Law enforcement agencies are continuously adapting to combat the evolving nature of criminal activities. However, the crypto community may face concerns. This is because the recovery of funds transferred through Bitcoin ATMs has been declared as “virtually untraceable.” According to a press release shared on the local police department’s Facebook page, a woman residing in Clive, Polk County, Iowa, was targeted and became a victim of a scam that used a Bitcoin ATM.
According to reports, the woman received a call from someone pretending to be a Polk County Sheriff’s deputy. Subsequently, she was deceived into sending $6,600 to the scammers using a Bitcoin ATM. The scammers used a false threat of arrest to manipulate her into complying. The Clive Police Department issued a warning to the community about this incident. They highlighted that funds transferred through Bitcoin ATMs are extremely difficult to trace and recover, posing a significant challenge in retrieving the money. They wrote,
“Bitcoin ATMs, which are becoming increasingly popular worldwide, allow users to convert cash into cryptocurrencies like Bitcoin. Unfortunately, scammers are taking advantage of this technology to exploit innocent victims. Once the funds are transferred, they become virtually untraceable, making it incredibly challenging to recover the money.”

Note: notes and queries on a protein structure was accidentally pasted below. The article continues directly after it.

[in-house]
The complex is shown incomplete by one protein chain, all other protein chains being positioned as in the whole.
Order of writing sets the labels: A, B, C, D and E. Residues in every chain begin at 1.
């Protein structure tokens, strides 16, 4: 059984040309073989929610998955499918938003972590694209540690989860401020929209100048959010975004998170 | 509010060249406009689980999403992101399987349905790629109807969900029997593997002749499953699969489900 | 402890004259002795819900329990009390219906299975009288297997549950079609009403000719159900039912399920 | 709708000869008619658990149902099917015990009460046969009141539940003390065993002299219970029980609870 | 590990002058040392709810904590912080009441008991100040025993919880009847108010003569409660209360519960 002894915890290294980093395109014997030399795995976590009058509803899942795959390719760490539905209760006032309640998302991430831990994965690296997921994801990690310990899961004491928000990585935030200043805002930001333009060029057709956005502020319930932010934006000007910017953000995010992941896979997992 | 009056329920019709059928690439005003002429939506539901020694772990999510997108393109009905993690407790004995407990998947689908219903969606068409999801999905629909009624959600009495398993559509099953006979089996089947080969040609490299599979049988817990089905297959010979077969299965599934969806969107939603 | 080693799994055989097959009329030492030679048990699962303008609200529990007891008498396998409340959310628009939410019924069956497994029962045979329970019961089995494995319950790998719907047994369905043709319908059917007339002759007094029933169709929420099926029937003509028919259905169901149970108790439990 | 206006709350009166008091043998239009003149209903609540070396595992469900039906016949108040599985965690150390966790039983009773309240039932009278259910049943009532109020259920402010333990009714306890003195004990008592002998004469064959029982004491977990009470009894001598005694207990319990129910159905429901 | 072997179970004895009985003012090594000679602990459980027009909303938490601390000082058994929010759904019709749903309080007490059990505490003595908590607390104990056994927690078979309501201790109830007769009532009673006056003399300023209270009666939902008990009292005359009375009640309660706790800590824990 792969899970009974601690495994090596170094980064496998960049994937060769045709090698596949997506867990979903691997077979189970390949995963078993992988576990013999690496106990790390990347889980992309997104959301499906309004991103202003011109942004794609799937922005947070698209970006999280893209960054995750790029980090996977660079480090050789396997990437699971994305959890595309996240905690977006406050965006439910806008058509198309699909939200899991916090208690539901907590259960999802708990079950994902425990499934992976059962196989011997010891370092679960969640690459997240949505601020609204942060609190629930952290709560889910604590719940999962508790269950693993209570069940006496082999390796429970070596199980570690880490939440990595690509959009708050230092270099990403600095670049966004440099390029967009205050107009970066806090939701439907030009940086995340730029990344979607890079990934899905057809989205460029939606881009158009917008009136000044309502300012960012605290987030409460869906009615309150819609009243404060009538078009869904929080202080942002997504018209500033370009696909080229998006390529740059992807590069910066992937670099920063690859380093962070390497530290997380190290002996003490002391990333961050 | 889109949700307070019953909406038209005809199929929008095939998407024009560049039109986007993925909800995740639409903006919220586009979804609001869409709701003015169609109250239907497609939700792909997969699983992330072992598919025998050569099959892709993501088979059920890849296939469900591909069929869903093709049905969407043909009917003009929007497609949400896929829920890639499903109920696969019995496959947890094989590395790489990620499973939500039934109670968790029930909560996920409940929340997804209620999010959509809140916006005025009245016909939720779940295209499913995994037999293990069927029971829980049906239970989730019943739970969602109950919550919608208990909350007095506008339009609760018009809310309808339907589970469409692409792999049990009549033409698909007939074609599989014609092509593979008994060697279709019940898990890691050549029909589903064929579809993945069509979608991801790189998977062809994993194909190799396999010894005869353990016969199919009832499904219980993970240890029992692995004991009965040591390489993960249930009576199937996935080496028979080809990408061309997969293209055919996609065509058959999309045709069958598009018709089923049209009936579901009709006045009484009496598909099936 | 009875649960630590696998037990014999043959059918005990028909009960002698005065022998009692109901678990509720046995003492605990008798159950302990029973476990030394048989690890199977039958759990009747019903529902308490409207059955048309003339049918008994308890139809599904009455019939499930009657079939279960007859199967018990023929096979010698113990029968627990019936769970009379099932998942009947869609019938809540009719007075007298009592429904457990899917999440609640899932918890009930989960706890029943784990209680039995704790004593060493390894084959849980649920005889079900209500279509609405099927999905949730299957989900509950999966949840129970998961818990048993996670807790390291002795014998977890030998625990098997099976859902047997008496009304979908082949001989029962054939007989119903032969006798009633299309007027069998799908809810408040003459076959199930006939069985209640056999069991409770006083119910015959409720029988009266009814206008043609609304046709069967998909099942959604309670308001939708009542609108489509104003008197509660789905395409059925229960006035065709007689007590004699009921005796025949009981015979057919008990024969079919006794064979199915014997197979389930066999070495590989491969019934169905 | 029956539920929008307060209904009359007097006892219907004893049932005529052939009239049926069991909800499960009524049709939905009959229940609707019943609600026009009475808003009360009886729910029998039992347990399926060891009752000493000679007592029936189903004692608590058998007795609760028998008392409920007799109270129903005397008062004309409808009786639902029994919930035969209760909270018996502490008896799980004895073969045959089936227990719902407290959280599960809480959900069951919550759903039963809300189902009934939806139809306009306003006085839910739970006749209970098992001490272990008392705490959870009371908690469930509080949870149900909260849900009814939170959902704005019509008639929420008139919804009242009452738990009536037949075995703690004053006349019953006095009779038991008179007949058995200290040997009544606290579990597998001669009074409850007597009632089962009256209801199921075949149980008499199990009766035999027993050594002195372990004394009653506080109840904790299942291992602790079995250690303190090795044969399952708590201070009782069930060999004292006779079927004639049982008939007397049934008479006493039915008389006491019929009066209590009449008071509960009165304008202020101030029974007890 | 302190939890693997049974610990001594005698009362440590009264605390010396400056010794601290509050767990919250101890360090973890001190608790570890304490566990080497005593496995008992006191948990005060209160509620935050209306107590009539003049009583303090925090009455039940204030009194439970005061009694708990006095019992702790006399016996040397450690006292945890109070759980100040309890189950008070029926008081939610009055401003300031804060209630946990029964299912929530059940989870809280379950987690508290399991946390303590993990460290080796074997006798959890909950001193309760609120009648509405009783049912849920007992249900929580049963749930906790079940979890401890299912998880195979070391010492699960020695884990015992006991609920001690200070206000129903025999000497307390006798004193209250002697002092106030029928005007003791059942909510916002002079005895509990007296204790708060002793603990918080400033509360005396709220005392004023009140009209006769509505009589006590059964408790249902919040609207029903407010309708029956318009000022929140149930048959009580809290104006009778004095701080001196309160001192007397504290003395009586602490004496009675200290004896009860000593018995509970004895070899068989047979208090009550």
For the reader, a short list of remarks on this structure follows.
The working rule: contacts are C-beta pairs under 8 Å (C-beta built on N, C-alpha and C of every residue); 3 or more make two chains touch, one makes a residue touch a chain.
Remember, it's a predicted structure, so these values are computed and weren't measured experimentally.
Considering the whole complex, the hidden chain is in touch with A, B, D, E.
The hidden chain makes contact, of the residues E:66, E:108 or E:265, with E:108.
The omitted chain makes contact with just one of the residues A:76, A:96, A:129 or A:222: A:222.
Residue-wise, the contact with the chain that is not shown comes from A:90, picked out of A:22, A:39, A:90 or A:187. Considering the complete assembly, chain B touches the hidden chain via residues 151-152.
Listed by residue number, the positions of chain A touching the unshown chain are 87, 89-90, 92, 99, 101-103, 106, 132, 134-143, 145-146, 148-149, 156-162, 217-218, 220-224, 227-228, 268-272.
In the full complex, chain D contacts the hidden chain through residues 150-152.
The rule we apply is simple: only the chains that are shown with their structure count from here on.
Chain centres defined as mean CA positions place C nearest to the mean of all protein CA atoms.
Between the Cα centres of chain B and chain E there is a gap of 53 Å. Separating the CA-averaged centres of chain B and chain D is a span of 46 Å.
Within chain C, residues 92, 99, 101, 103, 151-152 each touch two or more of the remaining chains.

Furthermore, the Clive Police Department noted that law enforcement officials would never request funds from the public via Bitcoin ATMs.
How popular are Bitcoin ATMs?
Bitcoin ATMs have gained significant popularity, with a total of 36,004 ATMs available worldwide. The United States leads the way with 30,837 ATMs. However, in March 2023, there was a decrease of 3,627 ATMs in operation.
Furthermore, a recent report by Chainalysis focused on cryptocurrency-related crimes and revealed that a mere 1% of payments made by victims of scams originated from crypto ATMs. Additionally, only 2.2% of the funds sent from ATMs in the previous year were directed toward illicit addresses. This accounted for approximately $67.5 million out of the substantial $20.6 billion in illicit transaction volume recorded during the same period.
The percentage may seem relatively low. However, according to Chainalysis, ATMs are not commonly utilized for sending funds to various other types of illicit addresses.